Apparently, the writing is on the wall.
Social networks are becoming more and more popular. In a recent post, blogger Brian Solis commented on the increase in social networking. "Two thirds of the world's Internet population visit social networking or blogging sites, accounting for almost 10% of all Internet time."
Many people are trading traditional media outlets, such as newspapers, for media outlets of the Internet age. Why pick up a paper or turn on the news when you can simply look it up online?
According to blogger Sally Falkow, this change is strongly affecting newspapers around the country. Falkow explains how many papers have already gone bankrupt, including the Rocky Mountain News, the LA Times and the Chicago Tribune. What next, television networks? Many feel it is possible that local television networks could be the next traditional media outlet to go.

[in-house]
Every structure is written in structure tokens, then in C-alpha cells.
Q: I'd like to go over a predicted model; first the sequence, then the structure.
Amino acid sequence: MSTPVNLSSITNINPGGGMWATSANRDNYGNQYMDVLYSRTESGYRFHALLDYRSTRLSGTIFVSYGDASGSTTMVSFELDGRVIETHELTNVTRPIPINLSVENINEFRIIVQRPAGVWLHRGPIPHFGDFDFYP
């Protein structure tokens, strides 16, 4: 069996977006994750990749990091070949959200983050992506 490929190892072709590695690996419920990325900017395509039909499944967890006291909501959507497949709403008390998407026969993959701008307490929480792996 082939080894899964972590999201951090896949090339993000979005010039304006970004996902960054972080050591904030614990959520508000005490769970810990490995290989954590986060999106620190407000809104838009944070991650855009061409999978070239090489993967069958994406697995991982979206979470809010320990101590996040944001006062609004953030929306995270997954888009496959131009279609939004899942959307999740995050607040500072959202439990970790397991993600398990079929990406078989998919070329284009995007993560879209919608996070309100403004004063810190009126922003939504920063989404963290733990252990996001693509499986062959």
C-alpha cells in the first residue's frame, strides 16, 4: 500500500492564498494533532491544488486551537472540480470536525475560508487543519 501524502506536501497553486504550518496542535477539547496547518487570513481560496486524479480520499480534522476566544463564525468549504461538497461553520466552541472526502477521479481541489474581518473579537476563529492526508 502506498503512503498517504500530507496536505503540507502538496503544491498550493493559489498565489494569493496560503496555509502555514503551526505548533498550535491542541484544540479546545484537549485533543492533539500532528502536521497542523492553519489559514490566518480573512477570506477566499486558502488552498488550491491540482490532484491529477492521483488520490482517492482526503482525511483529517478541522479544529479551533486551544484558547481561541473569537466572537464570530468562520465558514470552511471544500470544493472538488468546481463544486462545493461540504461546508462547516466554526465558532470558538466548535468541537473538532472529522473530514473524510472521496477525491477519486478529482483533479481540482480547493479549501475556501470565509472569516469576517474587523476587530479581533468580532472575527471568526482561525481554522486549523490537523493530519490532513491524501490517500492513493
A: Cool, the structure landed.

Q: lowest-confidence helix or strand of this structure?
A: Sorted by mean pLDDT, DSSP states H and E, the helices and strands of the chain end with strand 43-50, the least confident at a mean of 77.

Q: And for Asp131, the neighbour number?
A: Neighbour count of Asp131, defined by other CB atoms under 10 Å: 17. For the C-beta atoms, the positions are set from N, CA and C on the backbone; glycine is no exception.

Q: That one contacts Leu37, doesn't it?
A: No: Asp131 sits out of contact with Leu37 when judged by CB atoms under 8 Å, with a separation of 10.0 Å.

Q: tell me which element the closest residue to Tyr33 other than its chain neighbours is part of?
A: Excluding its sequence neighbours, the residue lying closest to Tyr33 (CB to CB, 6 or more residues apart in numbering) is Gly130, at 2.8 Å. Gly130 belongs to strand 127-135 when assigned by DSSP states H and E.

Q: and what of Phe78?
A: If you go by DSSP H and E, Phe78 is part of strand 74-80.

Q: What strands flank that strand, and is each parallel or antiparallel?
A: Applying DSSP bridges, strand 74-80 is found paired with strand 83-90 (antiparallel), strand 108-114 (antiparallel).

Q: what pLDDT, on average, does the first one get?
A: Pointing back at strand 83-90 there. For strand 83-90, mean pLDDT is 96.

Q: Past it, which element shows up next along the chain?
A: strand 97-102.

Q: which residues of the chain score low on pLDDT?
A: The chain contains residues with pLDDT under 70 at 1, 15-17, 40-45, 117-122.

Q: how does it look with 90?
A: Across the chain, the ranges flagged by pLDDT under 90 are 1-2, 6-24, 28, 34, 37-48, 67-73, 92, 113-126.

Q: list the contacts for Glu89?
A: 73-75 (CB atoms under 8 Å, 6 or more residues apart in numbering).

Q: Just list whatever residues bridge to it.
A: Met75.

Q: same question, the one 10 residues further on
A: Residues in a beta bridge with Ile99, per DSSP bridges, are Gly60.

Tom's Guide explains, "media outlets are scrambling to reach that new viewership to accommodate for a changing industry." If traditional media outlets want to succeed, they will have to keep up with audiences who are more geared toward online networks to receive their entertainment and news.